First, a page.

Quite often an employment contract will contain restraint of trade clauses designed to stop an ex-employee setting up a business or working for a competitor in competition with the previous employer. If there is no valid restraint of trade clause in an employment contract, there generally is nothing to stop that ex-employee competing with the employer. That being said, whether there is or not a valid restraint of trade clause in an employment contract doesn’t mean an ex-employee can use the trade secrets they acquired in their employment.
There can be a conflict between laws relating to trade secrets on the one hand and restraint of trade clauses on the other hand. An ex-employee is able to set up business in competition with their ex-employer or be employed by another business and use the skills and knowledge they have learned from the former employer. A former employer may however look to contend that the skills or knowledge are in fact trade secrets.
When disputes arise, courts will look at whether the ex-employee has breached any obligations of fidelity owed by an employee to their employer and if there has been a misuse of confidential information. While ex-employees can use the general knowledge and skill which they acquire as employees and even general knowledge about clients of a business but they are generally not able to exploit for their own advantage and to the detriment of their previous employer the detailed and intimate knowledge gained in their employment about clients’ individualities and peculiarities.
In other matters, courts consider the information that employees possess such as details of clients, the prospective projects and tender pricing information. In one case, ex-employees set up a business in competition with their previous employer and were successful in poaching the client at the direct cost to the ex-employer and held confidential information of the prior business and by using it, acted unconscionably, liable to pay significant damages to their prior employer.
The most important lesson to learn out of cases like these can often be an expensive one. Businesses and employers who value their trade secrets and confidential information should require all relevant employees to sign contracts at the start of their employment or when negotiating new terms, and be quite specific about what they consider is secret and what is not and also what an employee can and can’t do after they leave their employment. A properly drafted employment contract makes it much easier to protect confidential information belonging to the business from being used to its detriment.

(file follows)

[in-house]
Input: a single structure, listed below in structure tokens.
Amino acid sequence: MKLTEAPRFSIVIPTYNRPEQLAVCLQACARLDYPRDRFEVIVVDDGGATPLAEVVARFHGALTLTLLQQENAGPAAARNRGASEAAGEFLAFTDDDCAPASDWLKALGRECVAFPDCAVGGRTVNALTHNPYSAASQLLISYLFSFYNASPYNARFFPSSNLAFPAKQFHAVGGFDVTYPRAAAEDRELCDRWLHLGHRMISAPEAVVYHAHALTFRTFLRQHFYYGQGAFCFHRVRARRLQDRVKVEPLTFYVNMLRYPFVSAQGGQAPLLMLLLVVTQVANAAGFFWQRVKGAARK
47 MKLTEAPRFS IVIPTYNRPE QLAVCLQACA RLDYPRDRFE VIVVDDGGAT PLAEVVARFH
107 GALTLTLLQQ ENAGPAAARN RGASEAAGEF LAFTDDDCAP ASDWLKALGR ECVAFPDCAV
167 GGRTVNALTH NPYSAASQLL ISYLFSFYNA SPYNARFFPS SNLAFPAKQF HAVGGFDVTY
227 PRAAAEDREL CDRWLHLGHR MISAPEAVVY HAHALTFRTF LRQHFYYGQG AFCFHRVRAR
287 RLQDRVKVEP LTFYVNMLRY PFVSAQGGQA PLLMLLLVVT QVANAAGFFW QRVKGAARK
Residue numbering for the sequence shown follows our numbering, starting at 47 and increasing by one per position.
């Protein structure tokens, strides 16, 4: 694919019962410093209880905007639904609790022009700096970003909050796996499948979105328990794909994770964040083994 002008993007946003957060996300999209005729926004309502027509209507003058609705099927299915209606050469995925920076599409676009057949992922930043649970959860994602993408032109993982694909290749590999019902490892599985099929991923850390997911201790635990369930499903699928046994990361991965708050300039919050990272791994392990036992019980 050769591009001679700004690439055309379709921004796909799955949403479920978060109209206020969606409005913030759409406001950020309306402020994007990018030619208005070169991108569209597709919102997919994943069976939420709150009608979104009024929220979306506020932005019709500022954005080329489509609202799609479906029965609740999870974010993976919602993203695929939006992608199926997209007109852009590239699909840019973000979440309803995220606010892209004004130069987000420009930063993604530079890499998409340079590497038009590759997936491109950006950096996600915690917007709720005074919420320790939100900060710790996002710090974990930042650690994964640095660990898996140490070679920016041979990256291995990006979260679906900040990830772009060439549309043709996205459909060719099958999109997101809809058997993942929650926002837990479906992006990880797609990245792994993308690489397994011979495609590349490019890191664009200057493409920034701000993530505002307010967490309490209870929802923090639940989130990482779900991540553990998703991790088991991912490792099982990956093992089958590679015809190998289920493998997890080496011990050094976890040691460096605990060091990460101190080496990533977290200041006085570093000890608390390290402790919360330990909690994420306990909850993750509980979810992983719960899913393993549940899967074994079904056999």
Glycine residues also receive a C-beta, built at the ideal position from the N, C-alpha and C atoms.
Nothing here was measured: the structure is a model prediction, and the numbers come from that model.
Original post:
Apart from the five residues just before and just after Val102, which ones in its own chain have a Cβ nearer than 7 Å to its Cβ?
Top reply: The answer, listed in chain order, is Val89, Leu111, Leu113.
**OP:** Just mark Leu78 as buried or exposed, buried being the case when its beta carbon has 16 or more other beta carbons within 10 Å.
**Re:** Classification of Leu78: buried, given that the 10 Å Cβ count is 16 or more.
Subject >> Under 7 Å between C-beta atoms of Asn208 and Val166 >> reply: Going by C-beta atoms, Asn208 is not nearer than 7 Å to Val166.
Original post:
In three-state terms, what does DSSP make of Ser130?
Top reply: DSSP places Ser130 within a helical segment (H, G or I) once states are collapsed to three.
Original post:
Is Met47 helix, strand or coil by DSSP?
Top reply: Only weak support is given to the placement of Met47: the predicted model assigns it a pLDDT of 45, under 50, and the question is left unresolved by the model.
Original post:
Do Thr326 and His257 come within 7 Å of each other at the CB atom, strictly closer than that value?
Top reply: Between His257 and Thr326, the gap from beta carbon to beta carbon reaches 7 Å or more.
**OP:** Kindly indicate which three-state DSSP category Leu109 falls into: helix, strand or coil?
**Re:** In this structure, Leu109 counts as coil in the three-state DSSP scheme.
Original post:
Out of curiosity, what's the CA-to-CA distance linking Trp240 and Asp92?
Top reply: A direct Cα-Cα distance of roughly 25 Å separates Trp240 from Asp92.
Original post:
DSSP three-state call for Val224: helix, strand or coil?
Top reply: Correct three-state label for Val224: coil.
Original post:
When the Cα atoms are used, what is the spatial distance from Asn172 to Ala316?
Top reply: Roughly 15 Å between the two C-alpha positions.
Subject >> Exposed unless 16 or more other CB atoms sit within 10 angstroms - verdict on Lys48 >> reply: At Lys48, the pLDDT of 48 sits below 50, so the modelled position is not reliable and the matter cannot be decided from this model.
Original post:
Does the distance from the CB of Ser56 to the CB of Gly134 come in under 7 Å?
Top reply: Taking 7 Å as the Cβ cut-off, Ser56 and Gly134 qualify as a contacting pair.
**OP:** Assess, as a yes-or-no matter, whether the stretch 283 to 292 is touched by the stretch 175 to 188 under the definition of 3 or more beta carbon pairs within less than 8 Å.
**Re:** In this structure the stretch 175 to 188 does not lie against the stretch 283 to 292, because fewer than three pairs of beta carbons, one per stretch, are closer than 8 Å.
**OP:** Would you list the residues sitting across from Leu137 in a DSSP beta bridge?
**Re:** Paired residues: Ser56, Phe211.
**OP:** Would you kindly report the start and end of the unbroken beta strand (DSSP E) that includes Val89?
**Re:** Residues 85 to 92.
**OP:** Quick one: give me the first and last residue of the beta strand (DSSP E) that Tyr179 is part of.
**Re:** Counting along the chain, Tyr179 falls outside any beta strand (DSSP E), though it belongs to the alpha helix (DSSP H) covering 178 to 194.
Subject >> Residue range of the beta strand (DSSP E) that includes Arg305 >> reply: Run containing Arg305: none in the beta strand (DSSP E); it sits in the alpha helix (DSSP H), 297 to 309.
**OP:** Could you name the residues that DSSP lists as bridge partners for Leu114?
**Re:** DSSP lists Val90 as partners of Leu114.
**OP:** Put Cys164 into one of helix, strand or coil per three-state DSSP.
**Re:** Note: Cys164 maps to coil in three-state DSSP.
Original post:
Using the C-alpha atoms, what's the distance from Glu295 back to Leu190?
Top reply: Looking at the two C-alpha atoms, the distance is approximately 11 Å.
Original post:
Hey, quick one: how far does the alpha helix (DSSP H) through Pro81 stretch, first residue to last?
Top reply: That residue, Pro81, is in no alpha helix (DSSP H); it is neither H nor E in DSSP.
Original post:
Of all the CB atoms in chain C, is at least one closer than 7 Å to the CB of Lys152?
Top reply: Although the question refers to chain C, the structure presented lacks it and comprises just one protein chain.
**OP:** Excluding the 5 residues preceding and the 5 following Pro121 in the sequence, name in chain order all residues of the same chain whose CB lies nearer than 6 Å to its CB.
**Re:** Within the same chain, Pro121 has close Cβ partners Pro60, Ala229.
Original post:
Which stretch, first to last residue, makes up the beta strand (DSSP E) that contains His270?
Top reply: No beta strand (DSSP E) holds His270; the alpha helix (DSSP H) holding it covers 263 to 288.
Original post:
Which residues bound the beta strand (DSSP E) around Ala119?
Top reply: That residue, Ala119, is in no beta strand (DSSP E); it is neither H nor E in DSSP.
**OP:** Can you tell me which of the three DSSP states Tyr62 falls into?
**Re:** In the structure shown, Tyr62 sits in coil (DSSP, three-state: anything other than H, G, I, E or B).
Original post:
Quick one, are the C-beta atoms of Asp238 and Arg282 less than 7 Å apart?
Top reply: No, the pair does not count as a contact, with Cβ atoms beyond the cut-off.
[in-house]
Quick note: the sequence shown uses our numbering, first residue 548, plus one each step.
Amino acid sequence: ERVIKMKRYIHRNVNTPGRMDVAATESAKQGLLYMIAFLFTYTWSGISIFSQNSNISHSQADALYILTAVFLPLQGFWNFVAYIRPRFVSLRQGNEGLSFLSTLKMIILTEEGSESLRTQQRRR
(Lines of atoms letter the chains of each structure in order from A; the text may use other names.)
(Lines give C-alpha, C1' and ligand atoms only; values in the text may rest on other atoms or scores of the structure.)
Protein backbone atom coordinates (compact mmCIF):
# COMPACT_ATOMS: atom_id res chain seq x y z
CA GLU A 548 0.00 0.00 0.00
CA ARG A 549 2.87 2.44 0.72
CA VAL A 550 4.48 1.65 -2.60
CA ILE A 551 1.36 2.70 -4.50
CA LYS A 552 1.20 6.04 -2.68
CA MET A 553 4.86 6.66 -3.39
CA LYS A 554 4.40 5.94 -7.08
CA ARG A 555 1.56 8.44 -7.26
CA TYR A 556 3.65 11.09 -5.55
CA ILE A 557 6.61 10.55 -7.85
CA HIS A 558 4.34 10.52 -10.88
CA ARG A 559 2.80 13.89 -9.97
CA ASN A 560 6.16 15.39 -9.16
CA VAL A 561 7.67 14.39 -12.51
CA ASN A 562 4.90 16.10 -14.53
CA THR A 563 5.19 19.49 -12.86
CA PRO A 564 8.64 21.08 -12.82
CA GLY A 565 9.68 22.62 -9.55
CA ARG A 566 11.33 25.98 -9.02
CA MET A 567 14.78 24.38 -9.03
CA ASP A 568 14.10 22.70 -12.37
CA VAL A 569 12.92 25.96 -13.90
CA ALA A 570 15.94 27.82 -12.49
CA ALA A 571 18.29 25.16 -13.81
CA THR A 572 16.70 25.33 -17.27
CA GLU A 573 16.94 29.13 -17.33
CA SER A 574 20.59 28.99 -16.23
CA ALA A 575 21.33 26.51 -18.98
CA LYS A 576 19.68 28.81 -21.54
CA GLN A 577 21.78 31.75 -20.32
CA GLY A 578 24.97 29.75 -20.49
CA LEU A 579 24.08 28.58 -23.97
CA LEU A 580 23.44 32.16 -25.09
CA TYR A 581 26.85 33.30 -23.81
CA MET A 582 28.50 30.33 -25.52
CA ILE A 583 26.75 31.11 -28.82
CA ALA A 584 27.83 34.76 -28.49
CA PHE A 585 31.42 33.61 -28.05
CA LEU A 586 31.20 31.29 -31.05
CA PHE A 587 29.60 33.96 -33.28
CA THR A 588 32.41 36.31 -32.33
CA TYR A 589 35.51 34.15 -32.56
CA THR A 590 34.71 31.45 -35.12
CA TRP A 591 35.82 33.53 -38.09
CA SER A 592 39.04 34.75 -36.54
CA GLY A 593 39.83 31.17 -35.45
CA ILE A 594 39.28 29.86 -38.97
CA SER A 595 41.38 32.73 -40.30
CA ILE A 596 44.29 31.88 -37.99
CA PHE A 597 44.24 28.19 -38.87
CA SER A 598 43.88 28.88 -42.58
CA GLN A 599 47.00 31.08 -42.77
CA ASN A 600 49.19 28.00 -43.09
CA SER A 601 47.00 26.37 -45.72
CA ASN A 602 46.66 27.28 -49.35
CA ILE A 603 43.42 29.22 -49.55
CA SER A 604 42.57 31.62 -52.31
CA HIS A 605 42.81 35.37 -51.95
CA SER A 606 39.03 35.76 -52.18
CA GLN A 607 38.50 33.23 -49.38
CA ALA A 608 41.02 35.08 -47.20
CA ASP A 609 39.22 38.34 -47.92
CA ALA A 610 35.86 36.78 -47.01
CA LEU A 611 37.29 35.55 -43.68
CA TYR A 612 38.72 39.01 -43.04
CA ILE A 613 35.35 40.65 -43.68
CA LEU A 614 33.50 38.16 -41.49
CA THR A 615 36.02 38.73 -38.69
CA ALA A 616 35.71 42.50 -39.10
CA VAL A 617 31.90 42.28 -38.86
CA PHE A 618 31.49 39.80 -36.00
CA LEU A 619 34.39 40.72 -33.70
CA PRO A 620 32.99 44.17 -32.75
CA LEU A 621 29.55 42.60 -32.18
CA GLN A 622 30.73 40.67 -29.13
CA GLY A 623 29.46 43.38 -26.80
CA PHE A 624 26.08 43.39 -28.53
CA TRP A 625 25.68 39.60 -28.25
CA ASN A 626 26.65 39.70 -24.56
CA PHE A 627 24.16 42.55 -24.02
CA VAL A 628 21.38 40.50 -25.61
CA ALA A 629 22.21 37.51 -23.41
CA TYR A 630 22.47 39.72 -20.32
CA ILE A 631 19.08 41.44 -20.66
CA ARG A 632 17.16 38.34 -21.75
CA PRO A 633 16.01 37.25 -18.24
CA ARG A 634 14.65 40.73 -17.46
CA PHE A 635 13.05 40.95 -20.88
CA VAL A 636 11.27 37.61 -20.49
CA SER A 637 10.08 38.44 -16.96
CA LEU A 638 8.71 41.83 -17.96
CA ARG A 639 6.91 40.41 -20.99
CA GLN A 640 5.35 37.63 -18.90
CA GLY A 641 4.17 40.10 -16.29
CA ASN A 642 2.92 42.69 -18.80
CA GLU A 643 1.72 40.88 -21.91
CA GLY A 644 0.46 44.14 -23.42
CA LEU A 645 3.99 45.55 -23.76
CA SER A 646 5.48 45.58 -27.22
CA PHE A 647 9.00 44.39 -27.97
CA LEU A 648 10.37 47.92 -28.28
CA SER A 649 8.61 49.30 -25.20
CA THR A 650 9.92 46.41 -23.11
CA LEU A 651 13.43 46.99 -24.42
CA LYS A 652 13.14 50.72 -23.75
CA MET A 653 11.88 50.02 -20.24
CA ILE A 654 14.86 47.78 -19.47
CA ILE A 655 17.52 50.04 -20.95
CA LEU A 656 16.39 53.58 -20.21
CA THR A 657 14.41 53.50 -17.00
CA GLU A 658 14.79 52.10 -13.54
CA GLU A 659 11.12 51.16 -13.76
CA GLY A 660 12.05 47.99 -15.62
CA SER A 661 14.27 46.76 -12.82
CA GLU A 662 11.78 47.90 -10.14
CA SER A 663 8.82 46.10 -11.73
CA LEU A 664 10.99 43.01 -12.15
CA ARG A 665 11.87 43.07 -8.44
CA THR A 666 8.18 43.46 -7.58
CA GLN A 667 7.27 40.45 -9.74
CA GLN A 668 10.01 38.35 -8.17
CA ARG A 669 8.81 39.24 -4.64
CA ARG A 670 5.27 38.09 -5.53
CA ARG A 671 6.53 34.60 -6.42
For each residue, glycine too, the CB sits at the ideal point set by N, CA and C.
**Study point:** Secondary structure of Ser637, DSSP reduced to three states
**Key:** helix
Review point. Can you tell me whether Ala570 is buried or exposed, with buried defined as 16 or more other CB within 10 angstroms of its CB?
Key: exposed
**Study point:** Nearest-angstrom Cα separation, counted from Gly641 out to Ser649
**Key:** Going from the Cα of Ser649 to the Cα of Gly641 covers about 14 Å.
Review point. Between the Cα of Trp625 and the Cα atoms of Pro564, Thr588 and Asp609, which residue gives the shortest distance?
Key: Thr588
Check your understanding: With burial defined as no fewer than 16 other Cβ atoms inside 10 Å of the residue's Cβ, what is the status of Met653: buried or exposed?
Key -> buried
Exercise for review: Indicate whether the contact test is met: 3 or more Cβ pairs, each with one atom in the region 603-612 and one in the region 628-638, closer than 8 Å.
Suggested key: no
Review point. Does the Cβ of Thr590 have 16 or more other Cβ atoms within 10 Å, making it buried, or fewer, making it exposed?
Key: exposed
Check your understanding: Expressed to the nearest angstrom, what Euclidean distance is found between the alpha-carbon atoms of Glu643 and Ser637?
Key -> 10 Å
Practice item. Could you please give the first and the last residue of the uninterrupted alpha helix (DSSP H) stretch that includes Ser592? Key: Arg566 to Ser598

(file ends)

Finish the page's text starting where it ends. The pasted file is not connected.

While defining something as a trade secret in an employment contract is important, it won’t make information a trade secret if it is not. That is why a restraint of trade clause is just as important as defining in the employment contract what a trade secret is.
Aitken Whyte Lawyers can assist you in clarifying the terms of employment by drafting appropriate employment or other contractual documents. We will write your agreements or employment contracts so that the terms between the parties are clearly set out and to minimise the risk of there being a dispute about what they mean.
If you are already in a dispute, a threat is apparent to your rights, need to know what your rights are or urgently need to protect valuable intellectual property rights, Aitken Whyte Lawyers will provide you with commercial and practical advice and aggressive but fair representation to protect and pursue your valuable rights and interests. We are focused on results, have significant experience in fighting litigation in all courts and offer services second to none.
Aitken Whyte Lawyers
Level 2, 303 Adelaide Street, Brisbane
Ph: +617 3229 4459
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